While I always think fondly of Somerset Dam as bass heaven, the current redclaw fishery just cannot be overlooked. This crustacean population is a boom or bust sort of proposition, and at the moment it's going to be boom thanks to the greatly increased water level all round, flooding plenty of pasture.
If you like the taste of crustaceans to supplement your feed of fish from the dam, all you need to do is drop in a few redclaw opera house style traps or work a line of dillies, and a feed of these critters will be certain to come home.
My wife and I had a recent redclaw expedition and were surprised at just how easy they were to catch and handle. I'm an absolute beginner on this topic, which is why I like to write about it – if I can do it you can too! We set our combined limit of eight traps (the legal limit is four per person) in around 6m of water, which was suggested to me as the ideal depth to catch redclaw.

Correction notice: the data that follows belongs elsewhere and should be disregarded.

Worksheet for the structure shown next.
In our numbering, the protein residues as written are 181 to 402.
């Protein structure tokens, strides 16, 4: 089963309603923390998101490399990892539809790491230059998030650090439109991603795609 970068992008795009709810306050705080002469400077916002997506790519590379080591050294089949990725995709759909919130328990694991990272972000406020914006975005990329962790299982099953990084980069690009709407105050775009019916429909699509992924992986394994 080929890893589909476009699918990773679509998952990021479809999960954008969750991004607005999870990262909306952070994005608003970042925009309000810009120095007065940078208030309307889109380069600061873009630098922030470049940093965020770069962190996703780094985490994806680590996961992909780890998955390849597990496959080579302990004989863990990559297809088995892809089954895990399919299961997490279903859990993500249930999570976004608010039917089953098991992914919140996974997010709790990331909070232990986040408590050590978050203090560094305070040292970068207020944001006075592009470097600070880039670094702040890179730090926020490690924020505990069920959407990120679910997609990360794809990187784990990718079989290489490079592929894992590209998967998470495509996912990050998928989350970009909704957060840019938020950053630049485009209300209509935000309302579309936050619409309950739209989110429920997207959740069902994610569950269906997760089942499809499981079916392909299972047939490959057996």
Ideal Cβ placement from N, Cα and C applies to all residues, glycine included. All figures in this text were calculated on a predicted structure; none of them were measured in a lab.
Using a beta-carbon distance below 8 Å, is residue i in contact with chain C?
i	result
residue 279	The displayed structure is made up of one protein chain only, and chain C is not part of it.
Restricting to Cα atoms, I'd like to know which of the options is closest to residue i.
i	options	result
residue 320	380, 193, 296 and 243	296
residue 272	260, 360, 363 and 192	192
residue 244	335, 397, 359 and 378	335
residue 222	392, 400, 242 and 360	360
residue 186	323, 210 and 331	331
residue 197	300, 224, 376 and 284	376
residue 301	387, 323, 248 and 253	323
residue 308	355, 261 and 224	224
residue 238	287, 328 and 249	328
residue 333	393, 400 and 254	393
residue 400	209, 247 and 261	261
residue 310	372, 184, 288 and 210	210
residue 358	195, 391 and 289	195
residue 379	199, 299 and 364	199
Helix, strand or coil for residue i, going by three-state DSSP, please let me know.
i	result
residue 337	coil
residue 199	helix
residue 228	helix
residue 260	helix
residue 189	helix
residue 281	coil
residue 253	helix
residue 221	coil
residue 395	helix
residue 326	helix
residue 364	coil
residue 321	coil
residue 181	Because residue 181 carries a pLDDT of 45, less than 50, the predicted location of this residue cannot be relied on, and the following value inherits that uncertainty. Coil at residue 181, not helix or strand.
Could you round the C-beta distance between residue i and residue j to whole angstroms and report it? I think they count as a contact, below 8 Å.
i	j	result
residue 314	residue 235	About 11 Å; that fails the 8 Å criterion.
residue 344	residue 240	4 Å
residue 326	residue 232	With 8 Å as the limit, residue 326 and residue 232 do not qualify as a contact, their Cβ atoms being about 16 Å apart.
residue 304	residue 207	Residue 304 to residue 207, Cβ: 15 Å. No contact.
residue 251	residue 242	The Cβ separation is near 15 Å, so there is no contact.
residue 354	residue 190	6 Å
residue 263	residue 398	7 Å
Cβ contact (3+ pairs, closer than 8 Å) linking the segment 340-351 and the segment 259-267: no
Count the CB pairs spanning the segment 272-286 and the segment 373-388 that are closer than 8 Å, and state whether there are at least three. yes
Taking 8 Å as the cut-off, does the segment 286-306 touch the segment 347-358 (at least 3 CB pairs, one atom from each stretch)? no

We used a mix of bait. In some traps we used rock melon, in others we used parboiled potatoes while others had both melon and potato together with a couple of blue pilchards in the mix. The traps that we left in overnight had a lot of redclaw in them, as expected, but we still continued to take them through the day as well. We pulled the pots around every two hours while fishing. To my mind, the traps with the pillies in them did best. While all traps had redclaw in them, the fishy ones had bigger fellows and a few more at that.
Although at their best in the warmer months there are enough redclaw in Somerset Dam at the moment to make an expedition in late winter worth the effort. Besides, kids love catching these blokes too so it's a family sort of business. There's no doubt that on a balmy day, Somerset Dam is the place to be. Fishing, redclaw and great scenery!Reads: 20055